If taxes must be increased do it in a way that doesn't discourage economic growth. You may hate your boss, but if he doesn't have a job neither do you.

Eliminate the cap on Social Security contributions, and penalize those able-bodied persons who retire early in an amount large enough to make up for their lost Social Security and Medicare contributions. And yes, means test retirees so the wealthy don't draw from those systems. We can't afford that any more.

Just a few ideas off the top of my head, is that a good enough start?

GreNME
10th September 2009, 08:40 AM
Just a few ideas off the top of my head, is that a good enough start?

That all sounds like Socialism to me. ;)

leftysergeant
10th September 2009, 09:15 AM
Why do we have multiple federal agencies (Medicare, Medicaid, VA, SCHIP, there's even one for Indian health care) doing basically the same thing but for different groups?

Because they were brought into exostance to address specific issues. Medicare was just a logical extension of Social Security. It is there for people who have paid into it and are no longer employed. I have to admit that I do not fully understand why Medicaid should exist under different rules. SCHIP is just a stop-gap to make sure that children do not suffer for their parent's inability to insure them. UHC would, of course, reduce or eliminate the need for Medicaid and SCHIP.

The VA was the firsat of all of these established and for good reason. You take several years out of a man's life, you owe him something for the harm he suffers. It should be funded fully, regardless of cost, because it is part of the bargain we make with soldiers in exchange for the risks they take on our behalf. Further, consolidating the veterans in one system, separate from the general population actually enhances the ability of the government and veteran's support groups to track health issues peculiar to veterans and identify clusters of a particular ailment and perhaps identify the source. There is also a social elemnt that is important to the recovery process for long-term treatment, in that a group of veterans will be more likely to understand each other and form a therapeutic community. (I am speaking here from personal experience, having had easily several hundred thousand dollars worth of benefit from the system over a period of about 30 years.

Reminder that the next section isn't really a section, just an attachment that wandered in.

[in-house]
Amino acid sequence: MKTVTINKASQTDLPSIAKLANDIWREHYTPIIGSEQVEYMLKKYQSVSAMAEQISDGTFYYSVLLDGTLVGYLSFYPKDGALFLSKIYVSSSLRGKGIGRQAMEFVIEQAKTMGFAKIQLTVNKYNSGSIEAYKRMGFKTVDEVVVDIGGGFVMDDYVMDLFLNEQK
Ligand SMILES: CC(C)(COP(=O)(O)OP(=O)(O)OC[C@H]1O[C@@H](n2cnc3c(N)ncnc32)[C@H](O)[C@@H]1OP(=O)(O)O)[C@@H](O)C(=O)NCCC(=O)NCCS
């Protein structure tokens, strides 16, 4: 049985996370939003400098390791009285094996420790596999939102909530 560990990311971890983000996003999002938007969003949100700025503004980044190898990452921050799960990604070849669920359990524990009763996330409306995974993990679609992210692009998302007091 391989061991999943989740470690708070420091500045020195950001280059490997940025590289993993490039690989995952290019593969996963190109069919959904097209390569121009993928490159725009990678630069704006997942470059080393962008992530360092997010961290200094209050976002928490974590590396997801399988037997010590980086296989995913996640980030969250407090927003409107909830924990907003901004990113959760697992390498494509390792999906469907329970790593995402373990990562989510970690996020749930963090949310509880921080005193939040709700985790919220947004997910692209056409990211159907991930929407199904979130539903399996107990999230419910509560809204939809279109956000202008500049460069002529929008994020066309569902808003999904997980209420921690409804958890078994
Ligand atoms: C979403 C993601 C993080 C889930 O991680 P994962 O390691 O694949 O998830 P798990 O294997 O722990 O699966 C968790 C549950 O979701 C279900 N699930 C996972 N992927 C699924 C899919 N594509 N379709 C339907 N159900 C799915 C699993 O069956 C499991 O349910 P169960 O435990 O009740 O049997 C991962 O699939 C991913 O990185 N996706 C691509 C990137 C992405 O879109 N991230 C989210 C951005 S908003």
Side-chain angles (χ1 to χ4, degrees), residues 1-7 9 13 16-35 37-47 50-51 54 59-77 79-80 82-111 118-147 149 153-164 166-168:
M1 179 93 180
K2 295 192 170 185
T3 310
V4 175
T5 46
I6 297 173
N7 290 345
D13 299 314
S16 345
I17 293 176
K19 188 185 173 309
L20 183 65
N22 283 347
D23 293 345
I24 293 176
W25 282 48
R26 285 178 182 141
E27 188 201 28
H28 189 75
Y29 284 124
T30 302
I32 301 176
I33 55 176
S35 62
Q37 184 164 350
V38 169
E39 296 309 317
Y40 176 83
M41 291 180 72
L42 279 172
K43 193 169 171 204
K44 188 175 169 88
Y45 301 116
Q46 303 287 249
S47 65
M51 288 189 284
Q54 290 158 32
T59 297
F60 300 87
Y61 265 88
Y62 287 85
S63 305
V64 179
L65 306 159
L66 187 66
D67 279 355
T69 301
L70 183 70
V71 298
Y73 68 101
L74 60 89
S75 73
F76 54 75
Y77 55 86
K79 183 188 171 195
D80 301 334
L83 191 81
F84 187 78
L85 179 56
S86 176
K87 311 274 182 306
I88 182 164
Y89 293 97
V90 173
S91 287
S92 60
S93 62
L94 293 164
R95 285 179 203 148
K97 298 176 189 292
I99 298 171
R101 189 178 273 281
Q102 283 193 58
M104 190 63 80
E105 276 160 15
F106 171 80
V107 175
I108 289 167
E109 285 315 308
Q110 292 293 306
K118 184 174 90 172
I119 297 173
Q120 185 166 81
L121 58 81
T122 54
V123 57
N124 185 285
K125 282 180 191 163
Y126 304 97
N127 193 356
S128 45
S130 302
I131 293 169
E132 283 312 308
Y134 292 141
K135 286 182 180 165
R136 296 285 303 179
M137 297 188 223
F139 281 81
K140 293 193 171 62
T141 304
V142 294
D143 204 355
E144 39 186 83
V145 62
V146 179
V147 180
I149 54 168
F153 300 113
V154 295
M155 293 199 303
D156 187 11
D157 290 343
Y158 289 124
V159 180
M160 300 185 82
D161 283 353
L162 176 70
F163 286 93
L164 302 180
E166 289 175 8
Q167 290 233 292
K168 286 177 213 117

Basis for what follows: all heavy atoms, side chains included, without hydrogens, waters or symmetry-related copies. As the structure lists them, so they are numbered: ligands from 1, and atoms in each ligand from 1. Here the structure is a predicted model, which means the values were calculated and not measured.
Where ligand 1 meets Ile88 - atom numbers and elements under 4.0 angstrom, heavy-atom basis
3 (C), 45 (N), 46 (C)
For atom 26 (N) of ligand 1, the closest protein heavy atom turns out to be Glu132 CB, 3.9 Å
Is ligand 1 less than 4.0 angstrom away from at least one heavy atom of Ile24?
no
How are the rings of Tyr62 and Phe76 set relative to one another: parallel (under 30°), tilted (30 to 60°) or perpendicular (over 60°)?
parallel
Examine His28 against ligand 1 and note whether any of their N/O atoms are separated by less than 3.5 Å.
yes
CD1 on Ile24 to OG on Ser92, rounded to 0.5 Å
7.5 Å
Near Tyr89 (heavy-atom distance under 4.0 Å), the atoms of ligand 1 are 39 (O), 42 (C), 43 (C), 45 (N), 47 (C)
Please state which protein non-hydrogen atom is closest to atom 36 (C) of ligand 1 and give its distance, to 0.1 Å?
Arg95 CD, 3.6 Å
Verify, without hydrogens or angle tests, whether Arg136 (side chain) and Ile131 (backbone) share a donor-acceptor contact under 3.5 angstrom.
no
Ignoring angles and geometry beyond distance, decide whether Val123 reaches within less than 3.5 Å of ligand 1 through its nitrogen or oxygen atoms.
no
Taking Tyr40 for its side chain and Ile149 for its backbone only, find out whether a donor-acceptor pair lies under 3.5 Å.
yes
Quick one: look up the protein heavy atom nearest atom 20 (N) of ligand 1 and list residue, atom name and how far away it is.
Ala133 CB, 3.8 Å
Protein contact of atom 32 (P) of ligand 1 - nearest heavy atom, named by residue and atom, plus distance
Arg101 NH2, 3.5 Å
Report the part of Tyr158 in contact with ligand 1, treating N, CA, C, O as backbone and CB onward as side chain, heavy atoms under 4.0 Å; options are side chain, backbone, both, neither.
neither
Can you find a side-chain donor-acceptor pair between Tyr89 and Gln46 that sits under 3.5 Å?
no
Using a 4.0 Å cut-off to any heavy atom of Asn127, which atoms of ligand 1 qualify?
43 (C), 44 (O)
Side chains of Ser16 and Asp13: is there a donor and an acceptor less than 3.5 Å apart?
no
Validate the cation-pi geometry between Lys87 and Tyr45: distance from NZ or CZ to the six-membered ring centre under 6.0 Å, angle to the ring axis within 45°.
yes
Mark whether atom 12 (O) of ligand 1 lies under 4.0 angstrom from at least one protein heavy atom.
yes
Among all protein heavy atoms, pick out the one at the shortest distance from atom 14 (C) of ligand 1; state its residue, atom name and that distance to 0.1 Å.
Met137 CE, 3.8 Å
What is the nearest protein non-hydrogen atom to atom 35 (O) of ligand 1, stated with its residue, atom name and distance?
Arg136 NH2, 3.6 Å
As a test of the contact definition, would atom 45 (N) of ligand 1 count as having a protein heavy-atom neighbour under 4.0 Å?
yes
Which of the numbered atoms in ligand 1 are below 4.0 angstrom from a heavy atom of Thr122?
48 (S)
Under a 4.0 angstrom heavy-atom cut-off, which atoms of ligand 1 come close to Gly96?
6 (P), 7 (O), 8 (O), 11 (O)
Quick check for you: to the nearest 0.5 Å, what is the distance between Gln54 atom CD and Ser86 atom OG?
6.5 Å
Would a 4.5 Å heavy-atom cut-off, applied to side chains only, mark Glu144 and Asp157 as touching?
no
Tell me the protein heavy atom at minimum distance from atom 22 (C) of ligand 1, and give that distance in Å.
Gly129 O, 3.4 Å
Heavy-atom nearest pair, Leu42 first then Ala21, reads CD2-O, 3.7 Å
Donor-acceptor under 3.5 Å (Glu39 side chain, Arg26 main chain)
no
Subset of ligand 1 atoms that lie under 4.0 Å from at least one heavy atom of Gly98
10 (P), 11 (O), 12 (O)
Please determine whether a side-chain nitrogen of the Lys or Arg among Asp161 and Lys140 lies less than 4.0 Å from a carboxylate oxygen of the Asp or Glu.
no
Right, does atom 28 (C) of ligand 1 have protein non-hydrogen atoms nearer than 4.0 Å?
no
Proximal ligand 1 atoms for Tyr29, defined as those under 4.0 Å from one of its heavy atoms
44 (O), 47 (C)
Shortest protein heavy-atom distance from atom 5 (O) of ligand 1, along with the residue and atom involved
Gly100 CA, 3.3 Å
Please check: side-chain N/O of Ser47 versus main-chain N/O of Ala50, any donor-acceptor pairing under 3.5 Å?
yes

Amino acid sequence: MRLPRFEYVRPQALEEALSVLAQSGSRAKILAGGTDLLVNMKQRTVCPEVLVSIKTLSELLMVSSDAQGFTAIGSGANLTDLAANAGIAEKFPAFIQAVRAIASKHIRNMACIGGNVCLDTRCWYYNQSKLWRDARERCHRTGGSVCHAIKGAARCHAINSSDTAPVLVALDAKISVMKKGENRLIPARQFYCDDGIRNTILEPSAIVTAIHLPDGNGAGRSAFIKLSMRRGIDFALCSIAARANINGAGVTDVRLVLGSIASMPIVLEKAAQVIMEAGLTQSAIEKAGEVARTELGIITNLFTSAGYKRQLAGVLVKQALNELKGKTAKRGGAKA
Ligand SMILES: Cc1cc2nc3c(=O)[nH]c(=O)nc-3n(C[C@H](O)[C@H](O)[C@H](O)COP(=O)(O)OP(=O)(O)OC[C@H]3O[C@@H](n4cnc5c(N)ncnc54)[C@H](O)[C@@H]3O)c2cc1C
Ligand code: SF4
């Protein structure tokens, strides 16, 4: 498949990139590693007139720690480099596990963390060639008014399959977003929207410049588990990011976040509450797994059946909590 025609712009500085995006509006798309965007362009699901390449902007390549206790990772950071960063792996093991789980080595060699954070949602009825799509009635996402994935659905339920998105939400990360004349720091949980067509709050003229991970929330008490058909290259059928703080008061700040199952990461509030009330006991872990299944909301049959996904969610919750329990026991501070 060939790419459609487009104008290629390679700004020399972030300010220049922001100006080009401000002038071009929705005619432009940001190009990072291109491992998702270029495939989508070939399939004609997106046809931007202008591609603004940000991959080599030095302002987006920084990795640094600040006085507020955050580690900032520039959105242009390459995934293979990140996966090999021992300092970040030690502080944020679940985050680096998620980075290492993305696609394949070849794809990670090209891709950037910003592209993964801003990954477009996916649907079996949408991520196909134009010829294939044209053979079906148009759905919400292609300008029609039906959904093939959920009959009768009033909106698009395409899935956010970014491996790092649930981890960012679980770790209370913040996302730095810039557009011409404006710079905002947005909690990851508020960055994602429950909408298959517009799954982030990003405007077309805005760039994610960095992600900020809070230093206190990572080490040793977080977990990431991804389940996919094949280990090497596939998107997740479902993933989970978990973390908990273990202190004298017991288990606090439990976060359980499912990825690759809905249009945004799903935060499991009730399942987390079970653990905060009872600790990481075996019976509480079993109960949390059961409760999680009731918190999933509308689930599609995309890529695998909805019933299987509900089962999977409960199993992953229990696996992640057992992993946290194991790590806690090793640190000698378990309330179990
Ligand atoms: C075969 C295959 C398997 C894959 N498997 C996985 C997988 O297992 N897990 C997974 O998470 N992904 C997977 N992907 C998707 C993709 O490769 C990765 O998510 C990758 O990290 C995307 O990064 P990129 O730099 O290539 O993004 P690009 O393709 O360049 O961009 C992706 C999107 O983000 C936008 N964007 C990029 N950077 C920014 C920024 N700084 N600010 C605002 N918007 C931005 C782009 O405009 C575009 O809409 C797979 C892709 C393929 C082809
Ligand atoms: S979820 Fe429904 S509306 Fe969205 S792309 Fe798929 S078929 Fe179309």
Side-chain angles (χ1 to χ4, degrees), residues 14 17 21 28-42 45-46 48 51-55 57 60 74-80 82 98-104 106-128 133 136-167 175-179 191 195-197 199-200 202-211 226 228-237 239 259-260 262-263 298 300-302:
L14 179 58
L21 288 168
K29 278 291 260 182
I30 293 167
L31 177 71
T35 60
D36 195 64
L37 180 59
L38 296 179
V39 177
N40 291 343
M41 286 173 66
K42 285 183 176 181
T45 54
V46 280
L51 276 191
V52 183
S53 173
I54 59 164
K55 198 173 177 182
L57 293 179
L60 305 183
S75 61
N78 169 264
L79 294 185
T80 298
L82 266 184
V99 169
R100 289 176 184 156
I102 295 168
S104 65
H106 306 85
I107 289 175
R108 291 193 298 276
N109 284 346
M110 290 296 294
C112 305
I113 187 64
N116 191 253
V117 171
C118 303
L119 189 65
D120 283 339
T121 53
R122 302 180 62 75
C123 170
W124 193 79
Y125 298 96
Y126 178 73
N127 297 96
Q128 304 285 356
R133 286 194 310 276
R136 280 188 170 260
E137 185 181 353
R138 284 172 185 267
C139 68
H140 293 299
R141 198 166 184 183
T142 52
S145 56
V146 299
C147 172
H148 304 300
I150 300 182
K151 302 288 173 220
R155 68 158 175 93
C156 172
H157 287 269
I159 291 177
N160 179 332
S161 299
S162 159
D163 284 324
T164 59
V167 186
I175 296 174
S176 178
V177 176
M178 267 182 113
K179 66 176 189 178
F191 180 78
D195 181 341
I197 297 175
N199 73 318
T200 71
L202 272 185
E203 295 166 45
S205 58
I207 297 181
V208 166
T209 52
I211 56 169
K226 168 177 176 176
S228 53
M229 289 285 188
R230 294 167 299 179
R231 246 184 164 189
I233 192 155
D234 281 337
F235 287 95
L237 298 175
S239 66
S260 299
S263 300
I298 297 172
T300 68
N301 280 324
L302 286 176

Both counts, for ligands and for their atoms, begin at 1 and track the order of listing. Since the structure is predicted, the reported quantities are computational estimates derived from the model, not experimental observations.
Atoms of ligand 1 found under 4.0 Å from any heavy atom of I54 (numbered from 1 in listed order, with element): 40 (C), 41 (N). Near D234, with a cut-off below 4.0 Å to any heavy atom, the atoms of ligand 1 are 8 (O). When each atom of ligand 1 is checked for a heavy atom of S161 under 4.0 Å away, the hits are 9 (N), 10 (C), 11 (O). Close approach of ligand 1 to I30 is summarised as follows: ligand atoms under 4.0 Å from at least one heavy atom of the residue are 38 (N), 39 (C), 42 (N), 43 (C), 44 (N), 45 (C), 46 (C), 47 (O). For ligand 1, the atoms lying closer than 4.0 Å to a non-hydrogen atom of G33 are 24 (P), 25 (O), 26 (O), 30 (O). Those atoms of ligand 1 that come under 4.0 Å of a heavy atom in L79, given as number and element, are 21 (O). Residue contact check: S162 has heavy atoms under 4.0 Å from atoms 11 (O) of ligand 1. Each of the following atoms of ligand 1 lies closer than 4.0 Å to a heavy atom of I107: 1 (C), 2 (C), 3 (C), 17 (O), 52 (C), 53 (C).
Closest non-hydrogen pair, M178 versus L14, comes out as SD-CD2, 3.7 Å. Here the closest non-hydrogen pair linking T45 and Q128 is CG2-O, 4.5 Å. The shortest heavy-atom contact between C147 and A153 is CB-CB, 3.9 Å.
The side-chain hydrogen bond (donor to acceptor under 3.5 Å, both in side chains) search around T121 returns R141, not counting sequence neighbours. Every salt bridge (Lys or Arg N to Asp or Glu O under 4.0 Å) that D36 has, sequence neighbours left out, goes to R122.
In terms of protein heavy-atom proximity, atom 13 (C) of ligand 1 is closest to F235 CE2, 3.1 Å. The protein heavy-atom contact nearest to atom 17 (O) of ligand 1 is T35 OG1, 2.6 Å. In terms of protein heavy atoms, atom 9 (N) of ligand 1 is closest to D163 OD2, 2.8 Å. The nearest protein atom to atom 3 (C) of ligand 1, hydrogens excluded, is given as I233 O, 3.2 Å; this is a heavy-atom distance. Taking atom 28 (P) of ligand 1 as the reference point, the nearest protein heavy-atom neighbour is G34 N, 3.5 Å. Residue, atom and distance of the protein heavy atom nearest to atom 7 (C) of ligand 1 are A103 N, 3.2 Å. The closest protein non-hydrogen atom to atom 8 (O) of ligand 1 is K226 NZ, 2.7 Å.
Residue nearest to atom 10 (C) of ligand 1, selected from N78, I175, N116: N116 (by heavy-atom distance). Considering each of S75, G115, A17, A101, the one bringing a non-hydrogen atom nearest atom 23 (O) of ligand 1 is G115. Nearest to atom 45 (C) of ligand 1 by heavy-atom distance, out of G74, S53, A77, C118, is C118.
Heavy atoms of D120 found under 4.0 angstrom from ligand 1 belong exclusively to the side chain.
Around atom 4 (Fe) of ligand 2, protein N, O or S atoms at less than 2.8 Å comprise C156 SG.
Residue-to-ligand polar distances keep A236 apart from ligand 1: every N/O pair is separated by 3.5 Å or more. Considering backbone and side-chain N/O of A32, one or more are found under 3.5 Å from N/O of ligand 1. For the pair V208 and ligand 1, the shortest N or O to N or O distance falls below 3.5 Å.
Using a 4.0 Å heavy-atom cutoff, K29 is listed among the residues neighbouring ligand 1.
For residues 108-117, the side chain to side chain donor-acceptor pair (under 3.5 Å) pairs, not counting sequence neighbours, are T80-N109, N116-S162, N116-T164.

Those could be consolidated and streamlined.

Only partly. VA should NEVER be subject to an enrolment fee or premiums of any kind. Medicaid and SCHIP would simply be unneeded under the Obama plans.

You could intrroduce real competition to health care delivery by gettiong away from employer-based health insurance in favor of individuals buying it themselves, this would be as simple as taxing health insurance benefits and allowing deductions for private purchases (subsidizing those who can't afford it).

Sounded to me like that was already in the Obama plan.

And allowing insurance to be bought across state lines.